He struggles to sound like a writer, using so much unnecessary filler that any story would seem tedious; and this one doesn't need help.

"On the drive to Candido's house, we struggled for small talk like picking up pennies wearing oven mitts."
I can just picture him at his computer thinking of any other thing that is difficult. "Oh,
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Jessica
Mar 11, 2014 rated it really liked it
(I won this book in a Goodreads Giveaway.)

I have no doubt that Mr. Skyhorse's memoir will stay with you long after you finish it. It often reads like fiction, because you'll find yourself reading it and thinking to yourself "this can't be real, how could this be real?" I think I often forget about the struggles of others as I most commonly read fiction novels and, personally, had a pretty ideal childhood. Skyhorse's memoir will remind you to not take what you have for granted and will open your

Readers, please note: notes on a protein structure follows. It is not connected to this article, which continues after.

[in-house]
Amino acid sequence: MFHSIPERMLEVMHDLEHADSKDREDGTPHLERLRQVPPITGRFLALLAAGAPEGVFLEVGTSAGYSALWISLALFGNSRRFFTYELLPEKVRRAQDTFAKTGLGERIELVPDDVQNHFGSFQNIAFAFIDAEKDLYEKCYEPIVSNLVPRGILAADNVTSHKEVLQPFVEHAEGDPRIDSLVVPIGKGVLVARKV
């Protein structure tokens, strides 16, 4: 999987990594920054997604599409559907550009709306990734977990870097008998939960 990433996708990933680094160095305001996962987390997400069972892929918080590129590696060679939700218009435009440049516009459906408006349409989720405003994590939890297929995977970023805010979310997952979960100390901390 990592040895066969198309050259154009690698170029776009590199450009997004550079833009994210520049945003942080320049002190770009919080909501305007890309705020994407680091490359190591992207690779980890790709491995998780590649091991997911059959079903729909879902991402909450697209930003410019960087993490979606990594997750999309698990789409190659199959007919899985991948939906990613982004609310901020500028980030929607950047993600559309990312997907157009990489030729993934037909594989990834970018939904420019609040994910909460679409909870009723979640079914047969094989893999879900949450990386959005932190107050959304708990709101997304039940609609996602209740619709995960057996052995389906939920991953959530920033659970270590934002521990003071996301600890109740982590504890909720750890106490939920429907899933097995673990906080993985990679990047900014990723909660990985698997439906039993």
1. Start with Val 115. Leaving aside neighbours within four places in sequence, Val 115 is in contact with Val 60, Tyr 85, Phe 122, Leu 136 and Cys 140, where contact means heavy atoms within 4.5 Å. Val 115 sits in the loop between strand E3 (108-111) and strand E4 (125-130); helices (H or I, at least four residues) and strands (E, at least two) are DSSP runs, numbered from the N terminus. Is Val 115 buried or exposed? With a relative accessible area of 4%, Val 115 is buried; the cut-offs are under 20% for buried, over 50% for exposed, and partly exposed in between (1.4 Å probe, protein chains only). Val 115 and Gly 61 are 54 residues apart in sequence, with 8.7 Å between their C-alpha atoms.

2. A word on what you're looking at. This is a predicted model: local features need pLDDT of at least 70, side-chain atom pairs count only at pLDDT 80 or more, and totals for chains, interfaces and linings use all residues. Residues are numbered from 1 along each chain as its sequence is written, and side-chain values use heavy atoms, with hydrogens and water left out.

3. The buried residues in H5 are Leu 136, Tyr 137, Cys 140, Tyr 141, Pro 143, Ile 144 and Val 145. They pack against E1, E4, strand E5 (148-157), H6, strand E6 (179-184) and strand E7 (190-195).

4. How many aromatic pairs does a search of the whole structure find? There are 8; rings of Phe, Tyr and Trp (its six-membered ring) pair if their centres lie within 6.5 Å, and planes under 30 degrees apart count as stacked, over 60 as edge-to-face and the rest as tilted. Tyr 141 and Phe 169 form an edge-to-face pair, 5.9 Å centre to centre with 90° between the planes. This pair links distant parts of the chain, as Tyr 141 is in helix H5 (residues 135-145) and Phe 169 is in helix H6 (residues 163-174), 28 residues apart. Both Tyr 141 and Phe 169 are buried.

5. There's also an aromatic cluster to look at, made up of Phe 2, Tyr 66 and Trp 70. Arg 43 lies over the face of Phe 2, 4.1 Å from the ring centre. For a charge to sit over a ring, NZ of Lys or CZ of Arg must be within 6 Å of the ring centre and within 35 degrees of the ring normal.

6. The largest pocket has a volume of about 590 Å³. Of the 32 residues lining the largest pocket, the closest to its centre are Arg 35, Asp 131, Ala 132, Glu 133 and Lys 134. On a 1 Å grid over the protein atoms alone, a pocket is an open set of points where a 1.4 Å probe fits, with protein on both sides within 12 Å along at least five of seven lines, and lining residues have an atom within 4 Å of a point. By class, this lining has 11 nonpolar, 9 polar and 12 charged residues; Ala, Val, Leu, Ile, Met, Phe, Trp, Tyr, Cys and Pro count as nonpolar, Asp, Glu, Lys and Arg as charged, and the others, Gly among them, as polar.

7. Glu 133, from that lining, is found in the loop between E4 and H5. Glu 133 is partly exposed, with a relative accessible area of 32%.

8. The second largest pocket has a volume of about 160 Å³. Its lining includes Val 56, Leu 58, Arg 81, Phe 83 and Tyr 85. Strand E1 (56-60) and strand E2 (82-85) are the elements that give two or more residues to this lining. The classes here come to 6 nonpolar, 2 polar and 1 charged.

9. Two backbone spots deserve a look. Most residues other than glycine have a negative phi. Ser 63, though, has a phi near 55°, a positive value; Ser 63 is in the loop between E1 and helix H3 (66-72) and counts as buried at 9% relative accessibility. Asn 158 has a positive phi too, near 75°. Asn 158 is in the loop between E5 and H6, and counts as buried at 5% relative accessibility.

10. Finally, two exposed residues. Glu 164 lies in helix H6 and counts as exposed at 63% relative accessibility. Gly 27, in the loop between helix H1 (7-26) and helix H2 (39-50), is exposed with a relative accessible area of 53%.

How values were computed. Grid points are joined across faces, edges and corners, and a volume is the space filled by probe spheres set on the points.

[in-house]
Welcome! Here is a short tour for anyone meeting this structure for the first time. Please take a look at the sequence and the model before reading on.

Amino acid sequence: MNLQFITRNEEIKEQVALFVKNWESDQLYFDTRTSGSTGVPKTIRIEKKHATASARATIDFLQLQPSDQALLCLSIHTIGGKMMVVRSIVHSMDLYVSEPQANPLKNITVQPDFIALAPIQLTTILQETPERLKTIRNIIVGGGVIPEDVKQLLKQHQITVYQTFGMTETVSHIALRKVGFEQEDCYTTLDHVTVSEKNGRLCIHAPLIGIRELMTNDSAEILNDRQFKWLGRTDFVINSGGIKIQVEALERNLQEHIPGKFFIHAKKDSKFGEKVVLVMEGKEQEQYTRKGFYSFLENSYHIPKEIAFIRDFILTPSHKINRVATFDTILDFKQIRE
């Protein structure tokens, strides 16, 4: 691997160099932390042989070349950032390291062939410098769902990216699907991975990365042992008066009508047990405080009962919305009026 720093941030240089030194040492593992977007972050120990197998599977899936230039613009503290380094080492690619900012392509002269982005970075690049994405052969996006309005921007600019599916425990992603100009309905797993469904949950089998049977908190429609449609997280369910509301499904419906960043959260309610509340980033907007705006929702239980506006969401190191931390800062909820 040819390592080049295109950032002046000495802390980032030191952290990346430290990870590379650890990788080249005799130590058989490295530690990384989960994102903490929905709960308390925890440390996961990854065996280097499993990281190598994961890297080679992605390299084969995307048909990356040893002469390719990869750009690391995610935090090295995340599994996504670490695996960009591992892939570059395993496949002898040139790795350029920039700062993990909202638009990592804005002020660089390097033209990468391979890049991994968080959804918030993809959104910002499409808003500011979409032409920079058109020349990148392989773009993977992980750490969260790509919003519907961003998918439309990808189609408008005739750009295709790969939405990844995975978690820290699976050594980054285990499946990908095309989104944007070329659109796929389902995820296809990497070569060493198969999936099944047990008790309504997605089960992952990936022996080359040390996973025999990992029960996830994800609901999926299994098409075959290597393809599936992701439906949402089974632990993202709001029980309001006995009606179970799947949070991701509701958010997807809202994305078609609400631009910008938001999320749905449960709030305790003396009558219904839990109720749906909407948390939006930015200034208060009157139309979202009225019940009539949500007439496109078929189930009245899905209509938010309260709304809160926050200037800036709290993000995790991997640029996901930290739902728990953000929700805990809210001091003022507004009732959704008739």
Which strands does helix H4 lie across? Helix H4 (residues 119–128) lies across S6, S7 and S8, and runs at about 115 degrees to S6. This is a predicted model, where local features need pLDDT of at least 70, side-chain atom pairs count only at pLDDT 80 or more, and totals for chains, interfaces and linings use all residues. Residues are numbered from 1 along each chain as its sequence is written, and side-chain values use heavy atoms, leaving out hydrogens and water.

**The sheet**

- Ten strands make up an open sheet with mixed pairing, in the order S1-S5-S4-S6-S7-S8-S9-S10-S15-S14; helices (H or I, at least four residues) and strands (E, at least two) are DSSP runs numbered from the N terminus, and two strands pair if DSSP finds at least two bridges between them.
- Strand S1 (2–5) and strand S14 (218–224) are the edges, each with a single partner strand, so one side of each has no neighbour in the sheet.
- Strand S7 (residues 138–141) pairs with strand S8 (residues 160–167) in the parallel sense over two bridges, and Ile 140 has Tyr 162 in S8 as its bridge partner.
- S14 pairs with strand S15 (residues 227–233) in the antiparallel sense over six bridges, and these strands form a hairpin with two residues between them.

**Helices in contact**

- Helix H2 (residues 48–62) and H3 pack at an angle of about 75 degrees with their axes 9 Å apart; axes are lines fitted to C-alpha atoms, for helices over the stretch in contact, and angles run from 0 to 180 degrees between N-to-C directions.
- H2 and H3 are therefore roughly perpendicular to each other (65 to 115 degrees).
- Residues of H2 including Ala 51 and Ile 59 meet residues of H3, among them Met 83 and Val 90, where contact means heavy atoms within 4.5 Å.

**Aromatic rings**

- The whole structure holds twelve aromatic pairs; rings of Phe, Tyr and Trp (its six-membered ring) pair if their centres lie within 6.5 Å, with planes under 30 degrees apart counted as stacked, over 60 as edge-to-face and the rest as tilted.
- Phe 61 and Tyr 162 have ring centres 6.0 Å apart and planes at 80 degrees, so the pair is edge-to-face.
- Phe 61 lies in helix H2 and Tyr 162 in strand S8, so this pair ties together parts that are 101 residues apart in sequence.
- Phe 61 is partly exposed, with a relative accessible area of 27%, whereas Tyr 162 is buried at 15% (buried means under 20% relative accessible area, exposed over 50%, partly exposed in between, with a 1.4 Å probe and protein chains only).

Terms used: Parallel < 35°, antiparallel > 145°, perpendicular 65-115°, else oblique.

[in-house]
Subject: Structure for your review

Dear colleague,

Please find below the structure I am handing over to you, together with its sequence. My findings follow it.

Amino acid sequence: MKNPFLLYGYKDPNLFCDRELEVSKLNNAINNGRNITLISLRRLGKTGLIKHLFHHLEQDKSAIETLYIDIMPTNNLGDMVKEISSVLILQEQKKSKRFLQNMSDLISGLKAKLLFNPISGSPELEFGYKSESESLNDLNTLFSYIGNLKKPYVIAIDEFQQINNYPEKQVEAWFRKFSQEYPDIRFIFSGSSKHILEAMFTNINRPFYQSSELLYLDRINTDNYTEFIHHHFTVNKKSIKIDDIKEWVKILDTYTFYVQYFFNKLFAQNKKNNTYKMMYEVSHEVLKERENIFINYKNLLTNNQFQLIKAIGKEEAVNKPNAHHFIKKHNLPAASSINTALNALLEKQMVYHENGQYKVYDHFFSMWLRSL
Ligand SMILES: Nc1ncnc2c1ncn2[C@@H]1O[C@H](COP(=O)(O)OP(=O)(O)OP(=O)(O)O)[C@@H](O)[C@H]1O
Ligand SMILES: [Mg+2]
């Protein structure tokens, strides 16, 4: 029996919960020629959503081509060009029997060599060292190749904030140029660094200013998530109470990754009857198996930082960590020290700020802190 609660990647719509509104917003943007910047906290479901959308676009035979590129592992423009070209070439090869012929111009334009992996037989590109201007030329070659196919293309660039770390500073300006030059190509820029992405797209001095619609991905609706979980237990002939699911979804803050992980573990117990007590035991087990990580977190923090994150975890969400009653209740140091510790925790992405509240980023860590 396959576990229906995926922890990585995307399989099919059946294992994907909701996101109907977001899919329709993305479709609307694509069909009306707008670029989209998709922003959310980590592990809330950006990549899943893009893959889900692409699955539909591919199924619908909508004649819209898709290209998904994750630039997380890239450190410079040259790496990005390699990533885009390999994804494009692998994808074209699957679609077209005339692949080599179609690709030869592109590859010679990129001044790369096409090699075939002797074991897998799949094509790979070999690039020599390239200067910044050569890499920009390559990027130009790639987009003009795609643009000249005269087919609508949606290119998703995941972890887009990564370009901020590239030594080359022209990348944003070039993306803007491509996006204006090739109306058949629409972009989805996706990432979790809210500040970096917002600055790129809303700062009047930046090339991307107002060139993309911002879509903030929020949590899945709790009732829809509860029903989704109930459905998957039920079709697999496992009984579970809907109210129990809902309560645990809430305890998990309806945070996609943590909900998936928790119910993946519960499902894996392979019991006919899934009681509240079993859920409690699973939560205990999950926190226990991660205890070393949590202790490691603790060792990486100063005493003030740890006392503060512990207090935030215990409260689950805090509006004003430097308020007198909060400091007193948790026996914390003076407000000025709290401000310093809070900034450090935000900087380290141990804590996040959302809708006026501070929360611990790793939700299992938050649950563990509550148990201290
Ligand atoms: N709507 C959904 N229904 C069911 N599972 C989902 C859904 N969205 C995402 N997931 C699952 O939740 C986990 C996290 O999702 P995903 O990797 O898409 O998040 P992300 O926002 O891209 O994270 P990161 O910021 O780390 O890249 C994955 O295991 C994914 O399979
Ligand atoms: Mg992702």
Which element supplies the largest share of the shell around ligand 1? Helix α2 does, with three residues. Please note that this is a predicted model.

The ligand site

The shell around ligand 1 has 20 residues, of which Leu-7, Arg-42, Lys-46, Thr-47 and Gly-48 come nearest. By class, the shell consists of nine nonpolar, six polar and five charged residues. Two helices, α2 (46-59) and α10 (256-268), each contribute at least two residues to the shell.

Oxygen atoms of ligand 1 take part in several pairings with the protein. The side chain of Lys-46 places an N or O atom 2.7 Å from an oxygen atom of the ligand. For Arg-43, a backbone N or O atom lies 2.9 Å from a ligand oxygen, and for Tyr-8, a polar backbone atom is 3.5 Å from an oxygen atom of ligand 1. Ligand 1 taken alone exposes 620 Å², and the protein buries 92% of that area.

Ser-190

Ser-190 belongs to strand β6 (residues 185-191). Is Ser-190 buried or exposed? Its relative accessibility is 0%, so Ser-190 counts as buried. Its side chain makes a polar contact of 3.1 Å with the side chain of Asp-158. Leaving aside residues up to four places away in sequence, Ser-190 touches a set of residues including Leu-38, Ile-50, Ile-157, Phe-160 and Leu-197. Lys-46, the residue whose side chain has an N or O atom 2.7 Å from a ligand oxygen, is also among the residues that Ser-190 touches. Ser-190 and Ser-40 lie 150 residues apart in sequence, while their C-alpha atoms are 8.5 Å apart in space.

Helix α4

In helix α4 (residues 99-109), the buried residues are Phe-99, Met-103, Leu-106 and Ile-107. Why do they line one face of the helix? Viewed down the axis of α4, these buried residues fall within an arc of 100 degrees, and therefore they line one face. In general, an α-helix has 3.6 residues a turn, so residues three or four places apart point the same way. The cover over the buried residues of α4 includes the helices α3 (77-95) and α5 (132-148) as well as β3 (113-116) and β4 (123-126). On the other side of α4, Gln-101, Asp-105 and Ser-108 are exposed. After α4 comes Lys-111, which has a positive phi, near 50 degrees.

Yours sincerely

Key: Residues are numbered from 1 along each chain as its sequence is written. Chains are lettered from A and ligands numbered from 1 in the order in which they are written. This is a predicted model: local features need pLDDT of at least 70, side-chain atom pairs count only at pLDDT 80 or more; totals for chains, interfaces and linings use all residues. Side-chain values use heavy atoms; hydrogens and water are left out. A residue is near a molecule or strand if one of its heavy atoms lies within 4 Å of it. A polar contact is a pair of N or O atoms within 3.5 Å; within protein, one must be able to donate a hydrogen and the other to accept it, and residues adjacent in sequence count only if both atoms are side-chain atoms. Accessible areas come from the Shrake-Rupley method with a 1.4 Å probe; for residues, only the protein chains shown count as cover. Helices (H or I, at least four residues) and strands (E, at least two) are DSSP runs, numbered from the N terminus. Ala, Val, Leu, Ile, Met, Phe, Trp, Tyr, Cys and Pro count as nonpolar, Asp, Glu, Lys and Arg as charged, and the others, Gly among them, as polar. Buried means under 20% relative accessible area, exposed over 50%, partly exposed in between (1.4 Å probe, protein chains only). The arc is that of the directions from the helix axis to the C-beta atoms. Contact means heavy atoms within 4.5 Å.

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Danielle
Feb 24, 2015 rated it liked it
Shelves: 2015-reading
"Routine is uninteresting to recall and often unmemorable to record"

The problem is, that's what this book felt like to me: a recording of events. The best writing is at the end of the book, and I had to slog through the first 250 pages.

At times, overwritten, and scenes are rarely developed. Something significant happens and I want to say, wait, hold on! Rest here and let me explore this moment. But for the reader, there are few moments to stop and reflect. Skyhorse tells us what he thinks is imp
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Lisa
Aug 13, 2016 rated it liked it
I didn't like this memoir nearly as much as I liked Skyhorse's novel, The Madonnas of Echo Park. While he has an interesting story to tell, I feel he does a better job in the arena of fiction. This memoir suffers from what many memoirs suffer from - the author is more interested in his life than the reader is motivated to be. In his fiction, the sentences are so well crafted and the characters are multi-dimensional; here, I couldn't generate enough interest in Skyhorse's five fathers or much aff ...more
Renee
Jul 16, 2014 rated it really liked it